So far, so good. I’m coming up on my one year anniversary on this project. I got the sheep in August of 2009 as ewe lambs from a cutting-edge breeder down in southern Missouri. One note of importance is the critical issue for any 100% grassfed program is to MAKE SURE your genetics are right. Most sheep flocks are not geared for thriving on grass alone, and most are not geared for a low-labor program.
What I mean by low-labor is cutting out much of the work in raising sheep (and animals, for that matter). I have a hair-type sheep breed (St. Croix), so no shearing. I don’t clip their hooves, I don’t dock their tails, I don’t worm them (they are parasite-resistant), I don’t feed them grain, I don’t help them with their lambing, I don’t call the vet out for every issue. While some may consider this inhumane, I consider it a program of restoration. Restoration in this instance and in my opinion is getting farm animals back to a status of health and productivity without a lot of human intervention and cost. I always ask myself: “If I wasn’t here, what would they do”? The truth is, wild sheep do quite well. Somehow they manage to live without worming, tail docking, hoof clipping, lots of grain, barns, and lambing assistance. Those that can’t adapt, die — and don’t pass on those genetics that won’t thrive in that environment.
Now, I know I’m generalizing. There are always specific instances where my broad-sweeping statements don’t apply. HOWEVER — all I know for sure is once I got my genetics right and my mindset right, my sheep herd thrived. I breed them in December for a May lambing. This means their third tri-mester finds them on grass (late March into April) right when their nutritional needs are the greatest. They give birth on grass during a time when it’s not too hot, the grass is growing. The lambs that I’m setting aside for my meat sales will finish in November, right when the grass is not growing (and I don’t have to feed hay). These sheep came from a parasite resistant flock in the same climatic zone that I live in, so they are geared to thrive in humid environments (sheep traditionally have been raised in dry, cool, arid climates). If a ewe or ram doesn’t do well in my program, I sell her or him. I’m ruthless with this, because if I’m sympathetic and introduce a lot of medication or labor, then eventually I won’t have a low-labor sheep herd.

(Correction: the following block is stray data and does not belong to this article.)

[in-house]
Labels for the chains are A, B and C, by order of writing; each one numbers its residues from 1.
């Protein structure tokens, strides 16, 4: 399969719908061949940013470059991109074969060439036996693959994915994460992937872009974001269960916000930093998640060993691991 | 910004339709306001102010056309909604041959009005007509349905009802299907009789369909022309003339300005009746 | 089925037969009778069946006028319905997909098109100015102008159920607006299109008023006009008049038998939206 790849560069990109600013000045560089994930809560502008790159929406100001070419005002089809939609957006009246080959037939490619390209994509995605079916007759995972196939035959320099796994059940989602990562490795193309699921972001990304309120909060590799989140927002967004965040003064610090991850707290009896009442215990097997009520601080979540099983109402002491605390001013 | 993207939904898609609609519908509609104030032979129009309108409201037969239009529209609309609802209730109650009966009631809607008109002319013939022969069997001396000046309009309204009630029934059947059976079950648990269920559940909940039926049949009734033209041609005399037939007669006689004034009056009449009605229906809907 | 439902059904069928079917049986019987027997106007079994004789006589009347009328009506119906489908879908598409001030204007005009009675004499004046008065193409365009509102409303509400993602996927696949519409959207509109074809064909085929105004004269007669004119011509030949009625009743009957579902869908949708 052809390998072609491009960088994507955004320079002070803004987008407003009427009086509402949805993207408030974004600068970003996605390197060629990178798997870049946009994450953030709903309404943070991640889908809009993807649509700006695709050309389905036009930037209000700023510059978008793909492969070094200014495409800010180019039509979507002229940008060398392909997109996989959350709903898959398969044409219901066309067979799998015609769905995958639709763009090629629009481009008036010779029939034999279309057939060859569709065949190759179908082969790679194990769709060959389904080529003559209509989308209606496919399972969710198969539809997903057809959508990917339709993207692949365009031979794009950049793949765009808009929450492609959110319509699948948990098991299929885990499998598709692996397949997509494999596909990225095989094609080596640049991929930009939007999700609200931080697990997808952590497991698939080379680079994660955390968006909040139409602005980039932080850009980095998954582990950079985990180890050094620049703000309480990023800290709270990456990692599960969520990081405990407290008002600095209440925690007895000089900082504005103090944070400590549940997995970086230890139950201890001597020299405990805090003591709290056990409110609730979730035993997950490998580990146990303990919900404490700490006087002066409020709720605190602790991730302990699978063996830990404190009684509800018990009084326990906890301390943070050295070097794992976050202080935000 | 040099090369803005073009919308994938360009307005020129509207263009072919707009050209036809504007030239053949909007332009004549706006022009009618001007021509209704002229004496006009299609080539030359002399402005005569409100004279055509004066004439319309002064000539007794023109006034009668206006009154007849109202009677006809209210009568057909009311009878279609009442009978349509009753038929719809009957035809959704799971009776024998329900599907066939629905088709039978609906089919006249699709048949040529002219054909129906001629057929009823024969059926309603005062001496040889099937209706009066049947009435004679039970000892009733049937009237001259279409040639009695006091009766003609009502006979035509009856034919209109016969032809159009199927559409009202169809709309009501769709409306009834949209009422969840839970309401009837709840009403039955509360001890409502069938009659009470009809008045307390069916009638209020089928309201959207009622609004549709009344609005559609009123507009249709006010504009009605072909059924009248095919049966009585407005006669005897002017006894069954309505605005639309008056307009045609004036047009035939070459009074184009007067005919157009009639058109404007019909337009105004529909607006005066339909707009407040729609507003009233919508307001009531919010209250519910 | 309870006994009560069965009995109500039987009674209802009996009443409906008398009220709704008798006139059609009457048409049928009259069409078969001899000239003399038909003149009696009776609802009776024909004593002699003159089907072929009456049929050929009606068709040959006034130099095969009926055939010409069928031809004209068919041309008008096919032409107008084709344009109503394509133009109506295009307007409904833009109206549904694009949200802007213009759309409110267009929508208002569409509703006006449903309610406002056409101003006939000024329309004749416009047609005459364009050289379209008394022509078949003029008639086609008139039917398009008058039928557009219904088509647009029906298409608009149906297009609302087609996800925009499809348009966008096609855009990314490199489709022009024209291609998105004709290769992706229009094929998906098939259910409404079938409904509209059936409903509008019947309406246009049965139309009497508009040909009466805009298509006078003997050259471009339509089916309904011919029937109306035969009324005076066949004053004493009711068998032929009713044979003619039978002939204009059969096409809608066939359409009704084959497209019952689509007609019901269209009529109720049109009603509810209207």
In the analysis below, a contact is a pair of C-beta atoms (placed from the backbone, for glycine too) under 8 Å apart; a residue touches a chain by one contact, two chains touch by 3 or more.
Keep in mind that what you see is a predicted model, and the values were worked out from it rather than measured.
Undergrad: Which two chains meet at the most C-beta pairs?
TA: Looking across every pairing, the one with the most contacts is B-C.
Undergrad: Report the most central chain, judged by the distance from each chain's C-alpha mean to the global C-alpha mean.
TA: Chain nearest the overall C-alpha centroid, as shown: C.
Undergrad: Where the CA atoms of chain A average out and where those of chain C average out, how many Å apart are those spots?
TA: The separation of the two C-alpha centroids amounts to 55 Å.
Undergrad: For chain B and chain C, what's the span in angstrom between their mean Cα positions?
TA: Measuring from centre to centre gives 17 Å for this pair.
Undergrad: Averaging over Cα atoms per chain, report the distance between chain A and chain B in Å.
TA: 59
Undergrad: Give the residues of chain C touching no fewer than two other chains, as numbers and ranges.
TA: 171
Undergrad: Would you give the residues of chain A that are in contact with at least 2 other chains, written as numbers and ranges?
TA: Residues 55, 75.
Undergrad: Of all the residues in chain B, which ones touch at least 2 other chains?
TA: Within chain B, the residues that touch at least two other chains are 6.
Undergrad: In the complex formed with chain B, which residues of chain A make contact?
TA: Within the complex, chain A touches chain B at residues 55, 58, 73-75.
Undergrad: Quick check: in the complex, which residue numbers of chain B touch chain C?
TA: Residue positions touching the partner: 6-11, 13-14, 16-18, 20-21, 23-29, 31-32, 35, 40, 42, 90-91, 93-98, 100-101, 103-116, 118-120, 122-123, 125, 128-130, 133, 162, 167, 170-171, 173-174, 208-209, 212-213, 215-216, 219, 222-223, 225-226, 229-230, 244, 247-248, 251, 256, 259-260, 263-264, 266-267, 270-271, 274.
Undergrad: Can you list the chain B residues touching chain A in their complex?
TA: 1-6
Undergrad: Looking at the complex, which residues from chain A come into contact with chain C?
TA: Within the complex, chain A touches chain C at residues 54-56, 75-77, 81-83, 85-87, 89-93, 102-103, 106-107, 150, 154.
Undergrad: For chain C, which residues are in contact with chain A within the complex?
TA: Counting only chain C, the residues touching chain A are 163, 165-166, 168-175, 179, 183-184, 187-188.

The greatest part about these sheep is that they will graze the dead grass in winter, and dig down through the snow and ice to eat it. I didn’t feed any hay last year, and we had a very hard winter. The sheep stayed outside, ate grass all winter, and thrived. That mean their manure and urine was deposited on the pasture, not in the barn (where I would have to clean it up, put it in the manure spreader, and take it out myself). Interestingly enough, so many people thought I was crazy to not feed hay. They almost got angry at how I was such a bad shepherd. In looking at my sheep now, I’m amazed at how healthy they look, their lambs are fat and growing, the ewes are contented.
Bottom line: since they graze during the winter, I don’t have to make or buy hay (reduction in diesel fuel, equipment repairs, capital expenses). I don’t have to haul manure (reduction in my time spent cleaning, diesel fuel for tractor to pull manure spreader, equipment repairs, capital expenses). I don’t have to put up expensive buildings to house the sheep as my herd grows (reduction in capital expenses). Diesel fuel is the life blood of US agriculture – cut that off and the farm economy comes to a screeching halt. One of my goals is to create a farming system that approximates low labor, little to no reliance on diesel fuel, environmentally-sustaining and economically viable.
So far, so good.
Filed under: Animals, Grazing/Pasture, Uncategorized, sheep on July 20th, 2010 | 8 Comments »